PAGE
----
Sheephead fish are a large member of the wrasse family of fish species. Larger Sheephead fish are called "Goats" of Southern California. Sheephead fish have a limited range primarily in the southern half of California and Northern Baja. These fish live in rocks in approximately 60-200 feet of water and can live up to 20 years and reach a maximum size of around 30 - 40lbs. They have large, protruding teeth used to crush the crustaceans, mollusks and hard-shellfish they feed on. All sheephead start out female and pink, then develop that distinct black and red coloring with the white goatee when they mature and turn male at about 7 to 8 years.
Favorite food of the sheephead are clams, crabs, mussels, sea urchin and other hard-bodied sea creatures. They are not big fans of fin baits like sardines and anchovies. The trick to targeting a big “goat” is to bring the right artificial and live baits. Try some baits these fish can’t resist like crushed mussels and clams, rock crabs, sand crabs, shrimp, and live crawdads. These are typical foods for a hungry sheephead. Any artificial that resembles live crawdad may be the best of them all because it looks like a baby lobster or a pelagic red crab. Some anglers even use freshwater crawadads with success. Shrimp are the most common sheephead bait and squid deserves special mention because sheephead live for those times when looking to eat and spawning activities bring squid to the rocky areas where hungry big goat Sheephead wait. Squid strips and rings are always a trusty bait. For anglers fishing artificial baits for Sheephead, use smaller plastics or jigs. Good choices are Gulp! shrimp, curly - tail grubs and sand worms.
Shallow to mid-depth water, I like the traditional Carolina Rig for those familiar - a sliding sinker held two feet up the line from the hook by a small splitshot or barrel swivel. Use a size 1 live bait hook and rig so the point is buried in the bait to reduce hangups on the rocks. In deeper water, I like to rig a reverse dropper loop, by tying the hook to the end of the line and hanging a weight from a dropper loop a couple of feet up the line. For those on a deep-sea fishing vessel pin a shrimp, crab or a piece of mussel onto the hook and drop it down onto the reef. Sheephead like invertebrates like shrimp and crabs and sea urchins. They also feed on squid. They are not big fans of fin baits, so leave the sardines and anchovies. Sheephead feed by biting crustaceans off of the rocks or kelp branch, so it is best to fish right on the bottom or not more than a couple feet above it. Good choices of tackle include a medium action rod (7’ - 20 - 40lb class), a trustworthy reel like a Penn Jigmaster 500 star drag reel (easier for novice anglers) spooled with 25 pound Big Game mono or Trilene fluorocarbon. If you prefer braided line, spool up with your favorite 50lb. braid.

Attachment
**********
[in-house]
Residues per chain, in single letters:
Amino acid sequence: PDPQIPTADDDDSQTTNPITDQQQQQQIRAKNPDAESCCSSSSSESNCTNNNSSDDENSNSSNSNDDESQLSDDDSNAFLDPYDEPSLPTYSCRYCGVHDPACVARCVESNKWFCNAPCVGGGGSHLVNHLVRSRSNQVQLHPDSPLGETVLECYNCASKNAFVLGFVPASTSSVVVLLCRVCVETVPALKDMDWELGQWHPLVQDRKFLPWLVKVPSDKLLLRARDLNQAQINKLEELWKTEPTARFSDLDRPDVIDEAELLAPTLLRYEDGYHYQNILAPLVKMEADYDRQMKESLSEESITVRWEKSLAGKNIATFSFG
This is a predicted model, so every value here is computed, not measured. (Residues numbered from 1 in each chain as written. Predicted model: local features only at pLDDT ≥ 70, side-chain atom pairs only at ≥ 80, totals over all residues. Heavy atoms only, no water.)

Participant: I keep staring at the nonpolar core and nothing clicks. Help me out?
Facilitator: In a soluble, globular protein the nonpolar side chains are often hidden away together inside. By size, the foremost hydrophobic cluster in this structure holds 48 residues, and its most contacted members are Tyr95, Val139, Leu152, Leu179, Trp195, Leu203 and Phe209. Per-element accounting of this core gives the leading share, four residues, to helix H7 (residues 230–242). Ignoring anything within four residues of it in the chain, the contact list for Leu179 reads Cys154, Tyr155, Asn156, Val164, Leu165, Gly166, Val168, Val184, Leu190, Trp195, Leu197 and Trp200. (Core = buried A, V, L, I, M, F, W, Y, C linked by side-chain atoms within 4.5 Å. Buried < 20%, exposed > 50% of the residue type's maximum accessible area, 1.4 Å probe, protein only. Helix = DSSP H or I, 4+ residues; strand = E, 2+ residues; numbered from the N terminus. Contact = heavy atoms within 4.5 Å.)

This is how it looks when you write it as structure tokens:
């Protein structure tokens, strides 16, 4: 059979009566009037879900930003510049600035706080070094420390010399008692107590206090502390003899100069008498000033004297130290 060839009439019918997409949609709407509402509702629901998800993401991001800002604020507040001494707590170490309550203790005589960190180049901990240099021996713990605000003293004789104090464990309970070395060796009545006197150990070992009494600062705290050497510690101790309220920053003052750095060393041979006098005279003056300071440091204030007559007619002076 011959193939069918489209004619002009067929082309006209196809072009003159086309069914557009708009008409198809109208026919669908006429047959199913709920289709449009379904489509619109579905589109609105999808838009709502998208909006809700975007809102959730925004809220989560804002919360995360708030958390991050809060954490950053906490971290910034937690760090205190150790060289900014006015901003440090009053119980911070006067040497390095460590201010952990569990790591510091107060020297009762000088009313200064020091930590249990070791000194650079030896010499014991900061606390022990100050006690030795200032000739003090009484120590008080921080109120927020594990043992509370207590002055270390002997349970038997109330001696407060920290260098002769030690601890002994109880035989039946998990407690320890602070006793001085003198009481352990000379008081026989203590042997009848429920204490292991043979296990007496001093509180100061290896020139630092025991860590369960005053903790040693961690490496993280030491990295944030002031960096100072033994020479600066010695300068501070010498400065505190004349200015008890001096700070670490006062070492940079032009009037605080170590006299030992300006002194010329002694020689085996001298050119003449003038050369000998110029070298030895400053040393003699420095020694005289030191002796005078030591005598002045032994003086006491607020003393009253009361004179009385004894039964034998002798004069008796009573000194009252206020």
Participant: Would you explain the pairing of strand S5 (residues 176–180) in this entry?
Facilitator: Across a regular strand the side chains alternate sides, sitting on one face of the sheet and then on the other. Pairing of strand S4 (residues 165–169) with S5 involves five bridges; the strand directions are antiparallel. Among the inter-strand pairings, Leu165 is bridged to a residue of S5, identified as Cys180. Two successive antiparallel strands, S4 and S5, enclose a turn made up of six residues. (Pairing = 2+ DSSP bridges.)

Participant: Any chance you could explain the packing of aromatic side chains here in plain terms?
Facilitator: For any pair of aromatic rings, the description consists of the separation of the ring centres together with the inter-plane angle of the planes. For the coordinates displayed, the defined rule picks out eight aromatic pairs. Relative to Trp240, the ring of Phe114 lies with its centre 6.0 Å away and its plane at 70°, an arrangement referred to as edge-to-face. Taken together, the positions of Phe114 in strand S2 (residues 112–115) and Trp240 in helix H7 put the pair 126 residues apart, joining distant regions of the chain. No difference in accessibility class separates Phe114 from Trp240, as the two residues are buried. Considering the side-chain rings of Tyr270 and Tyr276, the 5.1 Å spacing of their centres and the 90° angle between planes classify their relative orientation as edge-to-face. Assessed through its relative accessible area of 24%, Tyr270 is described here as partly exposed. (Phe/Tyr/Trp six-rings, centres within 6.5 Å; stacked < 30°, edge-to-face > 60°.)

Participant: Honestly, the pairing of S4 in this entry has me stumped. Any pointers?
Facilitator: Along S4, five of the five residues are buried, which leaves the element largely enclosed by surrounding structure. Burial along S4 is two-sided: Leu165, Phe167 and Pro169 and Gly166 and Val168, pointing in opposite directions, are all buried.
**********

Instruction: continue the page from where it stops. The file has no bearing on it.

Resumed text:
Sheephead are usually caught on any sportfishing trip targeting Rockfish and are caught in the kelp, any structure, and fishing the bottom. This environment holds the food they eat lurking around the rocks. Be prepared to get the fish turned and heading towared the surface as soon as you are hooked as Sheephead will use the bottom and structure to its advantage by wrapping around anything it can find to snap you off. They are capable of fast, powerful bursts as they fight to reach the bottom or any structure for snapping the line. A big one can feel like you are stuck on the bottom and if you let them get into a crevice where they can flair their body out and wedge themselves in they win that battle. Because they live in rocky areas most of the time, heavier tackle should be employed if you are targeting bigger ones. I suggest a 40lb leader with braided line to help get them away from the rocks quickly.
My father who lived in Southern California since the 50's was the first to tell me this fish tastes similar to Spiny Lobster. As with all Rockfish I catch, I take a big square of foil and chop up tomato's, onion, peppers and my favorite veggies and loose wrap that Sheephead and veggies together and place on any source of heat - BBQ, frying pan or oven and let cook just a few minutes until the fish easily pulls apart. Usually it will fall apart making the foil great to eat from. For better presentation use a plate. The beauty of cooking fish this way is there's no mess to clean up, just throw the foil away. I've heard like many fish species, the head makes a good soup broth, firm and intact.